Michael Young's Oldsmobile 215 Aluminum V8 powered 79 MGB
as published in British V8 Magazine, Volume XVI Issue 1, May 2008
Owner: Michael Young
City: Vero Beach, FL
Model: 1979 MGB
Engine: Oldsmobile 215cid aluminum V8
Conversion by: owner
|Engine:||Oldsmobile 215cid aluminum V8. Kenne-Bell cam.
Offenhauser intake manifold. Carter 500cfm 4 barrel carburetor.
|Ignition:||GM Single wire alternator, stock MGB wiring
|Cooling:||MGB V8 Radiator, stock MGB cooling fans.
|Exhaust:||"Mike the Pipe" tubular, block-hugger headers with Jet-Hot coating
applied to them. Cherry bomb mufflers.
|Transmission:||stock MGB 4-speed. MGB V8 clutch on modified 4 cylinder flywheel.
Stock MGB prop shaft.
|Rear Axle:||stock MGB (with 3.909:1 final drive ratio.)
|Suspension:||(front) lowered 1". Tube shock conversion,
(rear) lowered. Tube shock conversion.
|Wheels/Tires:||Toyota Supra alloy wheels. BF Goodrich Radial T/A tires.
|Body:||chrome bumper converstion and chrome grille to match.
|Interior:||new interior trim in black with red piping. MGOC velour seat
upholstery. Mohair convertible top from MGOC.
|Completed:||February 1996. Driven about 5000 miles before sale.
|Performance:||The project took about 5 years from start to finish; available funds
controlled the pace of the project.
The chassis modifications were done while the car was a daily driver, I then tore the car down to a rolling chassis before changing the body color from brown to British racing green. The rubber bumper brackets were removed and adjustments made to the front fenders to take the earlier style side lights. I decided to keep the later side marker lights for safety purposes. Factory chrome bumper brackets were attached to the front box sections. Nuts were taped to a wrench and slid inside the tubes for locking the bracket bolts.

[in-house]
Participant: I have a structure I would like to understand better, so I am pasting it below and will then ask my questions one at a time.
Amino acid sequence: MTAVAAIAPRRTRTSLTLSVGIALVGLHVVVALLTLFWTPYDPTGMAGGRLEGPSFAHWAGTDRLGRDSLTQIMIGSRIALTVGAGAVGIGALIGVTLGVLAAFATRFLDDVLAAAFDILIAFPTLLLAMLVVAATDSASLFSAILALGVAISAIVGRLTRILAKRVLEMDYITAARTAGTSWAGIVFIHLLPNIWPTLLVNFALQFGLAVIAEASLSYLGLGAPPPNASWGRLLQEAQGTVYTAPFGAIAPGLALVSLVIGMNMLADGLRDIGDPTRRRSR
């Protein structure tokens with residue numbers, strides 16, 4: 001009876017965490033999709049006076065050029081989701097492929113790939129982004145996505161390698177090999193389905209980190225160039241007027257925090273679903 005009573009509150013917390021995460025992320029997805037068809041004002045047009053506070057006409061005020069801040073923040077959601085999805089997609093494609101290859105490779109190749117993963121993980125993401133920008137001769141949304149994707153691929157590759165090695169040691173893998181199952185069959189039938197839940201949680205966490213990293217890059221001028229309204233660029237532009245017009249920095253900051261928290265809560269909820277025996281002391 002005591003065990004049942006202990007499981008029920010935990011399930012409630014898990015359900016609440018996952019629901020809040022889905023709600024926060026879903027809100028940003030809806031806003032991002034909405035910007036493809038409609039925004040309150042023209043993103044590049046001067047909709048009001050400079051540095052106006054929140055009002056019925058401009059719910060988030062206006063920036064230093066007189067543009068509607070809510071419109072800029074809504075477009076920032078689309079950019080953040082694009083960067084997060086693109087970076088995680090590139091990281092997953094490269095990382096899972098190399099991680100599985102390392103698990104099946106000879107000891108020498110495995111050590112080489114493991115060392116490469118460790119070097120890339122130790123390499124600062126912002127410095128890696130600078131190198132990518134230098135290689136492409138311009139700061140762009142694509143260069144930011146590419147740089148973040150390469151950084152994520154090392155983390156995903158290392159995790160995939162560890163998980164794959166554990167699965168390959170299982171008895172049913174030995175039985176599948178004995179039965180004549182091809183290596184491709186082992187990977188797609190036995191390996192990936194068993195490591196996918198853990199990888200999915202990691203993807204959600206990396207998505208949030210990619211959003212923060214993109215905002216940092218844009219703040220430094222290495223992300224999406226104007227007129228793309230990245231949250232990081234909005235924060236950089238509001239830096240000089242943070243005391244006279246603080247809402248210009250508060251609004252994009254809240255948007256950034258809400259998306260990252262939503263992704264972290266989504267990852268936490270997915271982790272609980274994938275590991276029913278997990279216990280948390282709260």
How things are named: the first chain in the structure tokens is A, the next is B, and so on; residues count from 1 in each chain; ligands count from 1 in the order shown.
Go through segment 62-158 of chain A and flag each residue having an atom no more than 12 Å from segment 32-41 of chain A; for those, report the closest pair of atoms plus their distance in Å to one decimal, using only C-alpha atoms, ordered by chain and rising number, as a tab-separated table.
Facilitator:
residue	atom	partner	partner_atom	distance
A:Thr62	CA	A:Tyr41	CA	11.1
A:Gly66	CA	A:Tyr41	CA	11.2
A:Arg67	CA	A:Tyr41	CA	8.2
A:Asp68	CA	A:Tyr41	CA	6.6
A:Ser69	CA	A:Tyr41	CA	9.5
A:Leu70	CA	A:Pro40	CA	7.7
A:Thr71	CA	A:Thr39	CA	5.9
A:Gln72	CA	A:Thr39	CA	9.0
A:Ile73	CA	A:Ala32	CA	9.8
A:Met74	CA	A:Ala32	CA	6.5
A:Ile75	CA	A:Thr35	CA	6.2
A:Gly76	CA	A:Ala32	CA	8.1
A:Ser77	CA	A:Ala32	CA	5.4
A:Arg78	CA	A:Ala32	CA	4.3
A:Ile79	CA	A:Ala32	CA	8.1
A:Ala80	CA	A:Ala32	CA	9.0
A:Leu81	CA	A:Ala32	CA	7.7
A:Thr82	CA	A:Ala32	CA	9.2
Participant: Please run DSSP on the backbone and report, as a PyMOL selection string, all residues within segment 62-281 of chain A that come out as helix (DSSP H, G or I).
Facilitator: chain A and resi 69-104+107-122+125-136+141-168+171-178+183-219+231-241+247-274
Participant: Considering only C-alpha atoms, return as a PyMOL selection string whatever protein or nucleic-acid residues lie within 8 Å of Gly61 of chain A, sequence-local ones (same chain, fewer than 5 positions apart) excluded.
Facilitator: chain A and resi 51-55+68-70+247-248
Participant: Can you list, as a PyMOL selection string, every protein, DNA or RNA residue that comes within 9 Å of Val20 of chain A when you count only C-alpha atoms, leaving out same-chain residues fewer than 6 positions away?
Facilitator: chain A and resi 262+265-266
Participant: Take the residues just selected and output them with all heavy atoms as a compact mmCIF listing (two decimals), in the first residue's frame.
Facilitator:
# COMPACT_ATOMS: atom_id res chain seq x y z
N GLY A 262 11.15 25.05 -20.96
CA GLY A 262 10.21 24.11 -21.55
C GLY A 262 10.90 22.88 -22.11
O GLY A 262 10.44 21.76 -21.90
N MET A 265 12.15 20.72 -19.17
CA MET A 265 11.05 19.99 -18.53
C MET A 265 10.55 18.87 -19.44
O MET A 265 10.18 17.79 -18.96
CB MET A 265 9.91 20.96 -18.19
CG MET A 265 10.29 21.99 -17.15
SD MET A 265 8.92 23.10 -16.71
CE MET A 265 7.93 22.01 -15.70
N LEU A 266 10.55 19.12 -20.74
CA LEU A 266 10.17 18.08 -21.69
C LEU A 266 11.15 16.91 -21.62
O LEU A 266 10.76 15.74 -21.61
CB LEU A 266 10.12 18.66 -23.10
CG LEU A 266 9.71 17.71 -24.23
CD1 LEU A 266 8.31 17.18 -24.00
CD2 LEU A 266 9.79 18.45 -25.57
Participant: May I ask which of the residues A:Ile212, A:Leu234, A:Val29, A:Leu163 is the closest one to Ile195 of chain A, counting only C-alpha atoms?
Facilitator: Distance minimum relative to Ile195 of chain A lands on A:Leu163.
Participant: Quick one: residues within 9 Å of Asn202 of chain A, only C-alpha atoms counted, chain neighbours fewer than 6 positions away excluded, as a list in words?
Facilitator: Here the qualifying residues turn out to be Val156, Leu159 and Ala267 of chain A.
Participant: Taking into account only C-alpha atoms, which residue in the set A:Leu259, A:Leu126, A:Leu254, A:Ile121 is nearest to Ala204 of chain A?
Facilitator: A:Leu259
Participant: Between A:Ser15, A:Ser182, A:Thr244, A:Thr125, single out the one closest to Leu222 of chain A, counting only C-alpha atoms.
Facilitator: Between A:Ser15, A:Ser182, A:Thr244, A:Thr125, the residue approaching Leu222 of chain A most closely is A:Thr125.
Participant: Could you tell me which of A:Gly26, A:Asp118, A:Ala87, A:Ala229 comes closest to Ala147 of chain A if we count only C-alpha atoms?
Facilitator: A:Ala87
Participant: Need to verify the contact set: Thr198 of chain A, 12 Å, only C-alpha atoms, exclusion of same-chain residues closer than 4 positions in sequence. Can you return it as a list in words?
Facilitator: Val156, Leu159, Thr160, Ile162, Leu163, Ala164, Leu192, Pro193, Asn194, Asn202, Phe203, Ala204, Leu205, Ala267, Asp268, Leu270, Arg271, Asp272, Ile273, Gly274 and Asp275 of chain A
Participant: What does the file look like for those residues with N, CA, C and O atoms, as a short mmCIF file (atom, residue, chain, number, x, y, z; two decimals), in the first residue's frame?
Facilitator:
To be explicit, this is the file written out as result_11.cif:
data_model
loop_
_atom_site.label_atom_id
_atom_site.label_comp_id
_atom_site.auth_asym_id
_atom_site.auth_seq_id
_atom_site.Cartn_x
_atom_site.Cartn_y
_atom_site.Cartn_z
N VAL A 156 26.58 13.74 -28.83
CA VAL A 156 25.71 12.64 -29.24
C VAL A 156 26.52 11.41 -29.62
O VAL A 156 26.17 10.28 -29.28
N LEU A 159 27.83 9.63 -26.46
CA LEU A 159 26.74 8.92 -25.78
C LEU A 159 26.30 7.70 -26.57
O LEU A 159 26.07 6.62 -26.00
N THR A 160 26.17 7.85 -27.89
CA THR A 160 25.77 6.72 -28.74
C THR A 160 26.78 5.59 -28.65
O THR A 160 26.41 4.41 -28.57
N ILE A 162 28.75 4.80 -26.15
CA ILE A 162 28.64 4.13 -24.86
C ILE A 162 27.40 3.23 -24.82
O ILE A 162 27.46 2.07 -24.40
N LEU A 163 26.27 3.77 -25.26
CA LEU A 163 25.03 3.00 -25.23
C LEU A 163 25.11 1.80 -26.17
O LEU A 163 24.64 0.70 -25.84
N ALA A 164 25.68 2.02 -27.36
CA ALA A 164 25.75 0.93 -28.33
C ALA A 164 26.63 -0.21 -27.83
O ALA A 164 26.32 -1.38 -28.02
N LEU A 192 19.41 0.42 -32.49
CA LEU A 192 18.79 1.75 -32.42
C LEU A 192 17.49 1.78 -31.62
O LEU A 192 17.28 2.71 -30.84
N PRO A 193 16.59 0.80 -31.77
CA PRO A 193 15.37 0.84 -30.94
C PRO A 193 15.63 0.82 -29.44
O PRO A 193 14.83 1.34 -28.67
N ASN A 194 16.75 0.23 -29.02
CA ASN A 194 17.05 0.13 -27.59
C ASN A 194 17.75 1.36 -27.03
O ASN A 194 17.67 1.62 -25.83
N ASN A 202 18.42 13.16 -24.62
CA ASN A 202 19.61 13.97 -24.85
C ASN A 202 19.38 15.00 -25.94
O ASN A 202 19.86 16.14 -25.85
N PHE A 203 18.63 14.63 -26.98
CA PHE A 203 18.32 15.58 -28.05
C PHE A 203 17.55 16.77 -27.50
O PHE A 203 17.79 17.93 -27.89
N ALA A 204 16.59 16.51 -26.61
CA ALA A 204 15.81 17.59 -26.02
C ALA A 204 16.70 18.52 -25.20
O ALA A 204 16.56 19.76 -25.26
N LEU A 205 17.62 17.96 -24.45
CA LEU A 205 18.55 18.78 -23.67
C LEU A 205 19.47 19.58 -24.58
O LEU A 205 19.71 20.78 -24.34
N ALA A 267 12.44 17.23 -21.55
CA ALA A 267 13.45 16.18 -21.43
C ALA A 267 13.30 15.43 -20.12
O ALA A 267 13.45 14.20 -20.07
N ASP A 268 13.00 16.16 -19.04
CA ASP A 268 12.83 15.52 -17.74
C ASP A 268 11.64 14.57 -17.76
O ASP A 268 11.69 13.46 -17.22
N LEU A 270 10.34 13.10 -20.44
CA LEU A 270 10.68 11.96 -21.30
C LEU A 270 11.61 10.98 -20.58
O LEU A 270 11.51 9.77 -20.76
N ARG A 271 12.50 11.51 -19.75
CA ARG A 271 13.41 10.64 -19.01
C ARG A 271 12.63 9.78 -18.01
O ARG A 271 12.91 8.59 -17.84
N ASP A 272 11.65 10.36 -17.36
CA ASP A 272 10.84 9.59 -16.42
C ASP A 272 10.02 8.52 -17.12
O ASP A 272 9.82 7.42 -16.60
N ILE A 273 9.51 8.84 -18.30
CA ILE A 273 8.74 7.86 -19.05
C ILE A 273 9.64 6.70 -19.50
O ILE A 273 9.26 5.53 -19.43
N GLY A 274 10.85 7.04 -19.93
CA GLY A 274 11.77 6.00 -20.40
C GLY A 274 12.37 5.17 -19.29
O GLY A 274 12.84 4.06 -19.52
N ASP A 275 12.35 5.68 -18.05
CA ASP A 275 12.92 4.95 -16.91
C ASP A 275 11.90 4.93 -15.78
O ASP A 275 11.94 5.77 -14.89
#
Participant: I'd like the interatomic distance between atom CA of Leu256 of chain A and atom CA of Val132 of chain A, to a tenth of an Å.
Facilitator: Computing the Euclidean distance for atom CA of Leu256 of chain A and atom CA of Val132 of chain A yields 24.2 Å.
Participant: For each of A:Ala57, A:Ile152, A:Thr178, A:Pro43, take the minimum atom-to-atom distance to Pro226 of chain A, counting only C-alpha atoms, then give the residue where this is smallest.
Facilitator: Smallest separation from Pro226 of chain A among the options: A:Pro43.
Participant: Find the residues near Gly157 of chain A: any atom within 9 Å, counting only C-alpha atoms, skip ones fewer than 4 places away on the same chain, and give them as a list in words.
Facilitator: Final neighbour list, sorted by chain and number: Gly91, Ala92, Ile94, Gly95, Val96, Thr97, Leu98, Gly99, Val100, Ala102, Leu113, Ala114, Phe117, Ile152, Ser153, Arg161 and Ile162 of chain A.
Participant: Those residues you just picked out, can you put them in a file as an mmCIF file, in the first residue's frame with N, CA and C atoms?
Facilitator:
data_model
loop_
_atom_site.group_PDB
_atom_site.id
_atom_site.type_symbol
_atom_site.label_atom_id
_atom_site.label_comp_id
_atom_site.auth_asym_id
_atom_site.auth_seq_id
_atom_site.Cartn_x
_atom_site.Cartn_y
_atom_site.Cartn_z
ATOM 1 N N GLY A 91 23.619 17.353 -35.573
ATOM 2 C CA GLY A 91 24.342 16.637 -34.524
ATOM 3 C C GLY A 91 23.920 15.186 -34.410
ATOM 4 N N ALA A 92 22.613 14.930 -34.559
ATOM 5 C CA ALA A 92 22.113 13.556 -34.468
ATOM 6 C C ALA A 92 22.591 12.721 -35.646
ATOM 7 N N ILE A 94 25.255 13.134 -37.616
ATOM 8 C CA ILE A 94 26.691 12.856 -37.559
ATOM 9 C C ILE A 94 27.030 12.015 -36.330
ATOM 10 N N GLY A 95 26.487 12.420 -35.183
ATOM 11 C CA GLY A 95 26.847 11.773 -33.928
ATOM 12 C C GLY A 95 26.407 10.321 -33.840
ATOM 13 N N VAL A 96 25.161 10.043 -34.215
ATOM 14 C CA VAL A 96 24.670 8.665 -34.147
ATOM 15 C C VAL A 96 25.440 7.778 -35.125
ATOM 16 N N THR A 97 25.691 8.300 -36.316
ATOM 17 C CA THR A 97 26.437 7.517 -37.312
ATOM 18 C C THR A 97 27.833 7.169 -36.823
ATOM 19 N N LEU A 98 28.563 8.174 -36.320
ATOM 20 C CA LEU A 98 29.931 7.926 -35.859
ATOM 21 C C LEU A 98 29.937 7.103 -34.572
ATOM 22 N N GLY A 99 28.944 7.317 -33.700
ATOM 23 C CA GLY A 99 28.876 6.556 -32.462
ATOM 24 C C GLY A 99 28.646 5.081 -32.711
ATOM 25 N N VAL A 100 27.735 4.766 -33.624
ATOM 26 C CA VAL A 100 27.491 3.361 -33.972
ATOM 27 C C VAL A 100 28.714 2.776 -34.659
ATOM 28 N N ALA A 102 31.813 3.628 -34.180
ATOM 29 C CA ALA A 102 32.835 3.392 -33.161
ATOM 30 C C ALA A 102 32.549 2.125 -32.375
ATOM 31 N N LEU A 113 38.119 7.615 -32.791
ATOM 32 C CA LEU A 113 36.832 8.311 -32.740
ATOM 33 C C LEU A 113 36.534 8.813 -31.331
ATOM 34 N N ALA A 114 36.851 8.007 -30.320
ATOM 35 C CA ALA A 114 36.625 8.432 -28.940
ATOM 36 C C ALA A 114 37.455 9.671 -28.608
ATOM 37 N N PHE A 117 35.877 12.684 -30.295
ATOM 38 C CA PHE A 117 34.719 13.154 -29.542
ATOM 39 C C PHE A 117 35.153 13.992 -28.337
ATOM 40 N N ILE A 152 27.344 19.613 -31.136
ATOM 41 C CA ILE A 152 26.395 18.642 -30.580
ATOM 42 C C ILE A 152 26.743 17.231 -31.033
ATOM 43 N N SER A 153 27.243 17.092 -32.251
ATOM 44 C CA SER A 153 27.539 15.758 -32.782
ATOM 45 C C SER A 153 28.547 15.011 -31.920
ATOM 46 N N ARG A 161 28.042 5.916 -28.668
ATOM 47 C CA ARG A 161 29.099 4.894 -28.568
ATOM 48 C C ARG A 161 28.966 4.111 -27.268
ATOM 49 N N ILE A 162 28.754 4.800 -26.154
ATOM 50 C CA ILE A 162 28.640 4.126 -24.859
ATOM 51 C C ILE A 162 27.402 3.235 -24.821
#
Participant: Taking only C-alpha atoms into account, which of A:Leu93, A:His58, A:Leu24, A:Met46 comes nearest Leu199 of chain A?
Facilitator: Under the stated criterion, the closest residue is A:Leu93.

The original motivation for this project came when I obtained a how-to-do-it manual from MG-PLUS in Vancouver Washington. They had a small ad in a magazine. (It might have been Car & Driver.) I read this book through many times until I could convert the car in my thoughts. This was my Bible for the swap.
After searching for a suitable engine for about two years, I was ready to change my plans and install a V6. I revisited a local Fort Pierce wrecking yard to enquire about V6's. This time an older guy was in charge and when I asked him about Buick Specials or Olds F-85's his reply was to look down on the right, 3 rows back. Well, for $50 I got a complete motor minus intake, distributor and water pump. It was seized but it was covered in oil and not corroded.
I got it home and stripped it, because the intake was missing along with the hood, water had got into the cylinders and rusted the piston rings. Nothing serious, it all cleaned up OK. My father, a tool an die maker measured everything with a micrometer and declared that everything was well within tolerance. No wear, must have been a low mileage engine. I always wondered why.
All the engine parts were professionally cleaned and looked wonderful when they came back. Now I had to source parts. The rings, bearings and gaskets came from J.C Whitney. The water pump from NAPA. I bought a bunch of pulleys from the same wrecking yard for 10 bucks.
At the time I did the conversion, Kenne Bell were the de-facto Buick tuning company. I purchased their recommended 215 cam (KB Mk. 1). D&D provided timing chain, Carter 500cfm carburetor, lifters and Offenhauser valve covers. The Offenhauser manifold came from a speed shop in Cocoa Beach.